Tunisia’s Prime Minister Hamadi Jebali resigned on Tuesday after failing to form a non-partisan government to end a political crisis exacerbated by the assassination of a senior opposition figure.
Jebali, who had warned of chaos if his plan fell through, made a last-ditch effort to push for “another solution” to the long-running crisis in a meeting with President Moncef Marzouki.
“I promised and assured that, in the event that my initiative failed, I would resign as head of the government, and that is what I have done,” Jebali said on television.
Jebali, whose efforts to form a government of technocrats was rebuffed on Monday by his own ruling Islamist party Ennahda, said he was standing down to “fulfill a promise made to the people.”
“This is a big disappointment,” he said. “Our people are disillusioned by the political class. We must restore confidence.
“The failure of my initiative does not mean the failure of Tunisia or the failure of the revolution,” he added, referring to the country’s uprising two years ago to oust a long-time dictator Zine El Abidine Ben Ali.
The 63-year-old said he was convinced a non-political team “is the best way to save the country from wandering off track.”
While other candidates might emerge to fill the job, it is possible Marzouki will ask Jebali to try again.
But Jebali said he would not sign on again with “any initiative that does not fix a date for new elections. What about the constitution? What about elections?”
As well as the row over the new government, there is deadlock over the drafting of a constitution, with parliament divided over the nature of Tunisia’s future political system 15 months after it was elected.
The prospect of Jebali carrying on is “on the table, but we still have to discuss it, and there are several competent people in the event he refuses,” said Ennahda parliamentary bloc chief Sahbi Attig.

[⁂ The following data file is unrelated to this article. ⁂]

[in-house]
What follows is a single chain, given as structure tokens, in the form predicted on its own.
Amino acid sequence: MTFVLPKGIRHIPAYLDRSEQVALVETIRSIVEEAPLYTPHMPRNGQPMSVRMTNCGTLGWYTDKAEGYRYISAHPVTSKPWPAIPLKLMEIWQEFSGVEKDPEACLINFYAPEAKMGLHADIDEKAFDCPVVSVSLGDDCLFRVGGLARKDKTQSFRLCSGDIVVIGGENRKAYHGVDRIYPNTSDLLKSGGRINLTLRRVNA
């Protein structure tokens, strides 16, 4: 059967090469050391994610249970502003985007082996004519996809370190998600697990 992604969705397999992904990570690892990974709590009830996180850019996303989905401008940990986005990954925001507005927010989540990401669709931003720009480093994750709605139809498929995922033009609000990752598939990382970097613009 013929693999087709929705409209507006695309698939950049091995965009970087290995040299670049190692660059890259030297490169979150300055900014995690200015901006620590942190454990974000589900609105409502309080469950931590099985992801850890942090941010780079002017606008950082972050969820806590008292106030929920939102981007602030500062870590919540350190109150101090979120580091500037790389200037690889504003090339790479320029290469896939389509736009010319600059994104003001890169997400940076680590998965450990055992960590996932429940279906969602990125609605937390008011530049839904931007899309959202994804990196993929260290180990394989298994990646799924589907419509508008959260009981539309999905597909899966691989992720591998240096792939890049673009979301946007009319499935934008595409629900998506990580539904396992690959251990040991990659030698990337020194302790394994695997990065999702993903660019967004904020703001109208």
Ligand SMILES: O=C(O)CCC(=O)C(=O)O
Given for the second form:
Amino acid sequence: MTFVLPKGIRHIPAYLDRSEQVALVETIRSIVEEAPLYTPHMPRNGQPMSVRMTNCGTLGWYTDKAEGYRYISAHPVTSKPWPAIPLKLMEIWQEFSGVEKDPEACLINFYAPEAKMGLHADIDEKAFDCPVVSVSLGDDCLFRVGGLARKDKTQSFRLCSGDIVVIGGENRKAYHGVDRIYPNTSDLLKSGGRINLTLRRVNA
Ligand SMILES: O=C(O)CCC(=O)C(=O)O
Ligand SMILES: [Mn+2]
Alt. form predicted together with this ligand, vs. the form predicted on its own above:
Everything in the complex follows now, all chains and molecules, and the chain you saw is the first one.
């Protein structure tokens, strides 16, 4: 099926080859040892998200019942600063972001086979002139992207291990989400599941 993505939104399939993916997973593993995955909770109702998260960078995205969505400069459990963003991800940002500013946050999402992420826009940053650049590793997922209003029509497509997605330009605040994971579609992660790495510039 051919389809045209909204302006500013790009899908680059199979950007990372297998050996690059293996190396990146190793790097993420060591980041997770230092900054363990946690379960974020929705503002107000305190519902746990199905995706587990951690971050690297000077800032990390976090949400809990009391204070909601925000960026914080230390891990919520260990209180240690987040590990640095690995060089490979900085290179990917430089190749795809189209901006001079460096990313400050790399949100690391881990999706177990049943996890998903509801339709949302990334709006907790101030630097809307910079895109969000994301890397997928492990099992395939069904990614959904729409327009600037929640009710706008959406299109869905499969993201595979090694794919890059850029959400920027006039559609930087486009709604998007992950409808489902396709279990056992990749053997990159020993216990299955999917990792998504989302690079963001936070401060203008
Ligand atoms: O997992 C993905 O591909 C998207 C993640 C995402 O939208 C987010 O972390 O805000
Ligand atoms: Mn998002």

Names being mentioned are those of Health Minister Abdelatif Mekki and Justice Minister Moureddine Bhiri.
Ennhada leader Rached Ghannouchi said on Facebook that he would meet Marzouki on Wednesday to discuss the party’s candidate for the job.
Jebali was left out on a limb on Monday after Ennahda rejected his proposals for a non-partisan government.
He first floated his initiative in the wake of public outrage over the killing in broad daylight of outspoken government critic Chokri Belaid by a gunman outside his Tunis home on February 6.
That enflamed simmering tensions between liberals and Islamists in the once proudly secular Muslim nation, with Belaid’s family accusing Ennahda of his assassination, a charge the Islamists strongly deny.
Jebali admitted defeat in his plan, which he had hoped would be able to overcome the political divisions that have been blamed for igniting Salafist-led violence.
But he said “another form of government” was still a possibility.
And he insisted that, despite its failure, his initiative had at least succeeded in “getting everyone around a table” and in preventing Tunisia “from falling into the unknown.”
His plans had been bitterly opposed by Ennahda hardliners, represented by Ghannouchi, who are refusing to give up key portfolios and insist on Ennahda’s electoral legitimacy.
The Islamists control the interior, foreign and justice ministries and dominate the national assembly.
Ghannouchi said the representatives of some 15 parties had agreed on the need for a government with “political competences” and tasked with holding elections as soon as possible.
“We in Ennahda want to ensure that Jebali continues to chair (the cabinet), and so do all those who took part in this meeting,” he told AFP.
Aziz Kirchen, representing Marzouki’s Congress for the Republic (CPR), said an agreement had been reached for “the formation of a mixed government” of politicians and technocrats, but without giving details.
The political deadlock has left the country paralysed.
“Everything has stopped. The problem is that nobody thinks about the general interest but only of their special interests,” a government official told AFP.
Since the revolution, Tunisia has also been rocked by violence blamed on radical Salafists, and ongoing social unrest over the government’s failure to improve poor living conditions.